FPGA-and-Pi Colossus Smashes Your Codes!

If it were sixty years ago, and you were trying to keep a secret, you’d be justifiably glad that [Ben North] hadn’t traveled back in time with his Raspberry-Pi-and-FPGA code-breaking machine.

We’ve seen a lot of Enigma builds here at Hackaday — the World War II era encryption machine captured our readers’ imaginations. But perhaps the more important machines to come out of cryptanalysis during that era were Turing’s electromechanical Bombe, because it cracked Enigma, and the vacuum-tube-based Colossus, because it is one of the first programmable electronic digital computers.

[Ben]’s build combines his explorations into old-school cryptanalysis with a practical learning project for FPGAs. If you’re interested in either of the above, give it a look. You can start out with his Python implementations of Colossus to get your foot in the door, and then move on to his GitHub repository for the FPGA nitty-gritty.

It’s also a cool example of a use for the XuLA2 FPGA board and its companion StickIt board that plug straight into a Raspberry Pi for programming and support. We haven’t seen many projects using these since we first heard about them in 2012. This VirtualBoy hack jumped out at us, however. It looks like a nice platform. Anyone else out there using one?

Real-Time FPGA Finger Detection

The student projects that come out of [Bruce Land]’s microcontroller- and FPGA-programming classes feature here a lot, simple because some of them are amazing, but also because each project is a building-block for another. And we hope they will be for you.

This time around, [Junyin Chen] and [Ziqi Yang] created a five-in-a-row video game that is controlled by a pointing finger. A camera, pointed at the screen, films the player’s hand and passes the VGA data to an FPGA. And that’s where things get interesting.

An algorithm in the FPGA detects skin color and, after a few opening and closing operations, comes up with a pretty good outline of the hand. The fingertip localization is pretty clever. They sum up the number of detected pixels in the X- and Y-axis, and since a point finger is long and thin, locate the tip because it’s going to have a maximum value in one axis and a minimum along the other. Sweet (although the player has to wear long sleeves to make it work perfectly).

How does the camera not pick up the game going on in the background? They use a black-and-white game field that the skin-color detection simply ignores. And the game itself runs in a Nios embedded processor in the FPGA. There’s a lot more detail on the project page, and of course there’s a demo video below.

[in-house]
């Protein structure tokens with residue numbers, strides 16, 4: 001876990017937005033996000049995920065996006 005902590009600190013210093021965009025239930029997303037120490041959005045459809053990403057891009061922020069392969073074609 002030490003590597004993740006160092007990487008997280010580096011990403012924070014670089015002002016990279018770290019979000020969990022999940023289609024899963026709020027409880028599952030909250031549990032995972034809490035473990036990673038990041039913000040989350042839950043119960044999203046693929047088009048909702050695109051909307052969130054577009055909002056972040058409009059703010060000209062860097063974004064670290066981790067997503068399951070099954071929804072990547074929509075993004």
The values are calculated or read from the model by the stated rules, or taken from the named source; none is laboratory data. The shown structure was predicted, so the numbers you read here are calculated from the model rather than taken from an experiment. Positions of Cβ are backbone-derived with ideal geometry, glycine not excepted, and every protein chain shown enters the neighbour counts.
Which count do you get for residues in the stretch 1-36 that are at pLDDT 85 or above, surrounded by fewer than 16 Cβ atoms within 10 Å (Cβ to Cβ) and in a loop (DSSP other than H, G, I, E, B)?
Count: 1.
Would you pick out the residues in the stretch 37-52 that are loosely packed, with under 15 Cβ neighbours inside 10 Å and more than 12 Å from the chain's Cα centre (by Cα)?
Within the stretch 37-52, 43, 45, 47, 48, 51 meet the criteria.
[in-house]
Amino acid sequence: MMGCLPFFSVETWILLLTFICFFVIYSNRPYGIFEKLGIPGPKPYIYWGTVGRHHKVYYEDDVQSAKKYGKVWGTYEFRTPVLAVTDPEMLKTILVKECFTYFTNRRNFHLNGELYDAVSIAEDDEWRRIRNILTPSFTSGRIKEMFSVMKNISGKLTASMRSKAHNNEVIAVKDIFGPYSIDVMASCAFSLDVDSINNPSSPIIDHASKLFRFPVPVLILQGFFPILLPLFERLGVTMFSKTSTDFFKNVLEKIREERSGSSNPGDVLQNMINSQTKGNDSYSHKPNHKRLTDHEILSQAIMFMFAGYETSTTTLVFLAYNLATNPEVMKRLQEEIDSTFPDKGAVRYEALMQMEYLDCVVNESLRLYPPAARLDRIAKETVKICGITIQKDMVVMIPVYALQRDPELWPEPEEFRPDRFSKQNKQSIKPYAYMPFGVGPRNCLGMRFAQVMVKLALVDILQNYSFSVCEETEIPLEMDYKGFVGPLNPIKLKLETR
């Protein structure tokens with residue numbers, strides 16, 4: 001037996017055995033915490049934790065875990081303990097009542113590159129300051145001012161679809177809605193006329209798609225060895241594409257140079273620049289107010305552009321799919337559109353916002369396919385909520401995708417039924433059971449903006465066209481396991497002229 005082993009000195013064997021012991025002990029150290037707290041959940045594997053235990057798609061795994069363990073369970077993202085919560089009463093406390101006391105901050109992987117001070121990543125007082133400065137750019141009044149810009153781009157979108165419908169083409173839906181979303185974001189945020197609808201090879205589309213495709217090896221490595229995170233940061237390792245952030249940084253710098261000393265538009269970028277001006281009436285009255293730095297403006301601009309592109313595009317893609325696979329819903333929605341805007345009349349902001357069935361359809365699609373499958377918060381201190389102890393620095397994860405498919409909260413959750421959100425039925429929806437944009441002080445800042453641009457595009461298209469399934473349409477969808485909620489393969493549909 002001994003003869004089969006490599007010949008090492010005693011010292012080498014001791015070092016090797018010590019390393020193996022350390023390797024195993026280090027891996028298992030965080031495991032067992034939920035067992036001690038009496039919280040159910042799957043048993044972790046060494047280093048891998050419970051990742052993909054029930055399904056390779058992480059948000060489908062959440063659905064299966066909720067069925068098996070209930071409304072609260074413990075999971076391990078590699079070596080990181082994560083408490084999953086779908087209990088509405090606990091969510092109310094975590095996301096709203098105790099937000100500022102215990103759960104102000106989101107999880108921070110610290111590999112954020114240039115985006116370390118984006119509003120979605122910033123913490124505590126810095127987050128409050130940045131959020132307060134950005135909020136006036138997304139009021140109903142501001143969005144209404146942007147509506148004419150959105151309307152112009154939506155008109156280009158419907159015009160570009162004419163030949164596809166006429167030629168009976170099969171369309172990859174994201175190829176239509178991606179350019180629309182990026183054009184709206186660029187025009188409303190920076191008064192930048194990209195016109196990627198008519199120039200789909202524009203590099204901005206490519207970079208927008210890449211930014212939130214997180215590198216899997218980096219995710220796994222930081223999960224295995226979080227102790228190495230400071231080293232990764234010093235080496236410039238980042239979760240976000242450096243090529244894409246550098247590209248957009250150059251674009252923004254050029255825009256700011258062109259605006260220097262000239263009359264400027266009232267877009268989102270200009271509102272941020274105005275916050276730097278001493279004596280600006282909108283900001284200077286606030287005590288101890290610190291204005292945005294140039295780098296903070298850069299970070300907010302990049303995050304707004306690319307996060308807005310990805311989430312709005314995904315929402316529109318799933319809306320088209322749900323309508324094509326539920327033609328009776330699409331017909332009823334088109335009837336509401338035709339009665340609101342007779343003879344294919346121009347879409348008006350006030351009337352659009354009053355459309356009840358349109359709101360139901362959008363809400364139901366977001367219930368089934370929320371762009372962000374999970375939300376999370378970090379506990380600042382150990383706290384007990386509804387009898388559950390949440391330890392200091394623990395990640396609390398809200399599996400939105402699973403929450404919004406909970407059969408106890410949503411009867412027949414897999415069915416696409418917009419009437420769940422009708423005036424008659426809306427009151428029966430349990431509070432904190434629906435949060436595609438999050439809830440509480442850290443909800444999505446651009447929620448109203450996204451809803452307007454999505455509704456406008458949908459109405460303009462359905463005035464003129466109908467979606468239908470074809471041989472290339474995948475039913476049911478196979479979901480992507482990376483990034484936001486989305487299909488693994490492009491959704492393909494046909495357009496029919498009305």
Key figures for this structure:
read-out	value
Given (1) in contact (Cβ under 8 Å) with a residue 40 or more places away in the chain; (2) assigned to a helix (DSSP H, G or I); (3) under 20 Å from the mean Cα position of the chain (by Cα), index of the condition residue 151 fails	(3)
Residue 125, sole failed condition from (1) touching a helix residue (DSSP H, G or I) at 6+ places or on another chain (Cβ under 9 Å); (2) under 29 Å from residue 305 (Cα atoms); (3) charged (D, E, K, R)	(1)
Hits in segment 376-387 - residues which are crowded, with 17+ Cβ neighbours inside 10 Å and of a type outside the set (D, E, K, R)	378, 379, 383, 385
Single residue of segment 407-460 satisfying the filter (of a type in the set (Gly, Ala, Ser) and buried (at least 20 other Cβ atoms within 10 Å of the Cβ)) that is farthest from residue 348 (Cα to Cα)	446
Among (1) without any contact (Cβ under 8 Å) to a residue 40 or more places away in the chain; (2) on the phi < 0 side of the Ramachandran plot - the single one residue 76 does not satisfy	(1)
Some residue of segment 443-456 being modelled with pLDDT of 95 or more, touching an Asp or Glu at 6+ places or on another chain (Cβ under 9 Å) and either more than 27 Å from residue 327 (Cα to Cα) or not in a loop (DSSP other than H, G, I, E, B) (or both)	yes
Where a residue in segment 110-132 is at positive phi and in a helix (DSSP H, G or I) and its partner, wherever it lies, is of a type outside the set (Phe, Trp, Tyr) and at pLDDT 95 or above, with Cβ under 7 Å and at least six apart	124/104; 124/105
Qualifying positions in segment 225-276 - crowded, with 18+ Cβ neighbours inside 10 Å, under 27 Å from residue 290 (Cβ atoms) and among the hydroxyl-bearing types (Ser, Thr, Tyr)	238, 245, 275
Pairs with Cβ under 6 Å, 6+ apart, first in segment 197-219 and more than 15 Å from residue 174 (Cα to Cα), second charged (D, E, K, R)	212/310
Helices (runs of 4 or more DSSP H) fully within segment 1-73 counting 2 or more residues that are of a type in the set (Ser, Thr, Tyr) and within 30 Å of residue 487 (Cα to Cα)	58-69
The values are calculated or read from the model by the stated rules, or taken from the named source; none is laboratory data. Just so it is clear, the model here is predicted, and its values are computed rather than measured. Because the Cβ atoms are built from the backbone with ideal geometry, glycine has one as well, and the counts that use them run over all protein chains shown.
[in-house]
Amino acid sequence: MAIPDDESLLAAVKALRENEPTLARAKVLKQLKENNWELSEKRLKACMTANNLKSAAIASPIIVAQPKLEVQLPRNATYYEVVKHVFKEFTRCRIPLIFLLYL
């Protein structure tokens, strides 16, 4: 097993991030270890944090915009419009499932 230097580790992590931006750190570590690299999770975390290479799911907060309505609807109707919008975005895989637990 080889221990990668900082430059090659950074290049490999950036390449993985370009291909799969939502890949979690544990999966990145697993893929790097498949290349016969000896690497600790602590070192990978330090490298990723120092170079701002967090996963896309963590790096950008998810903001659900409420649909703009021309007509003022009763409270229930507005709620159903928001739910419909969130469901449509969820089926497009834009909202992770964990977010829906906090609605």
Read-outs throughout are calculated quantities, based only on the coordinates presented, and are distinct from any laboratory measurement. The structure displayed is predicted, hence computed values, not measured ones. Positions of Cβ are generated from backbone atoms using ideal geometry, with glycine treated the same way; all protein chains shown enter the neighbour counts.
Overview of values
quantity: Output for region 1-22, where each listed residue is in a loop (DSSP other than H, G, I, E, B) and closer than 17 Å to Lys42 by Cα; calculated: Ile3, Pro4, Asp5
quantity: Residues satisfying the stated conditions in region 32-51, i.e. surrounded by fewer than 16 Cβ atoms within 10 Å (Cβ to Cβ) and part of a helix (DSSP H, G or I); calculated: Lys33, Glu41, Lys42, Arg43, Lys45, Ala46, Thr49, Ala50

We love to follow along with Prof. Land‘s classes. His video series is invaluable, and the course projects have been an inspiration.

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Hand Gestures Play Tetris

There are reports of a Tetris movie with a sizable budget, and with it come a plentiful amount of questions about how that would work. Who would the characters be? What kind of lines would there be to clear? Whatever the answers, we can all still play the classic game in the meantime. And, thanks to some of the engineering students at Cornell, we could play it without using a controller.

This hack comes from [Bruce Land]’s FPGA design course. The group’s game uses a video camera which outputs a standard NTSC signal and also does some filtering to detect the user. From there, the user can move their hands to different regions of the screen, which controls the movement of the Tetris pieces. This information is sent across GPIO to another FPGA which uses that to then play the game.

This game is done entirely in hardware, making it rather unique. All game dynamics including block generation, movement, and boundary conditions are set in hardware and all of the skin recognition is done in hardware as well. Be sure to check out the video of the students playing the game, and if you’re really into hand gesture-driven fun, you aren’t just limited to Tetris, you can also drive a car.

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Computers Beating Computers At Cricket

Some see gaming as the way to make AI work, by teaching computers how to play, and win, at games. This is perhaps one step on the way to welcoming our new gaming overlords: a group of Cornell students used an FPGA to win a computer cricket game. Specifically, they figured out how to use an FPGA to beat the tricky batting portion of the game in a neat way. They used an FPGA that directly samples the VGA output signal from the gaming computer, detecting the image of the meter that indicates the optimum batting time. Once it detects the optimum point to press the button, it triggers a hacked keyboard to press a button, whacking the ball to the boundary to score a six*.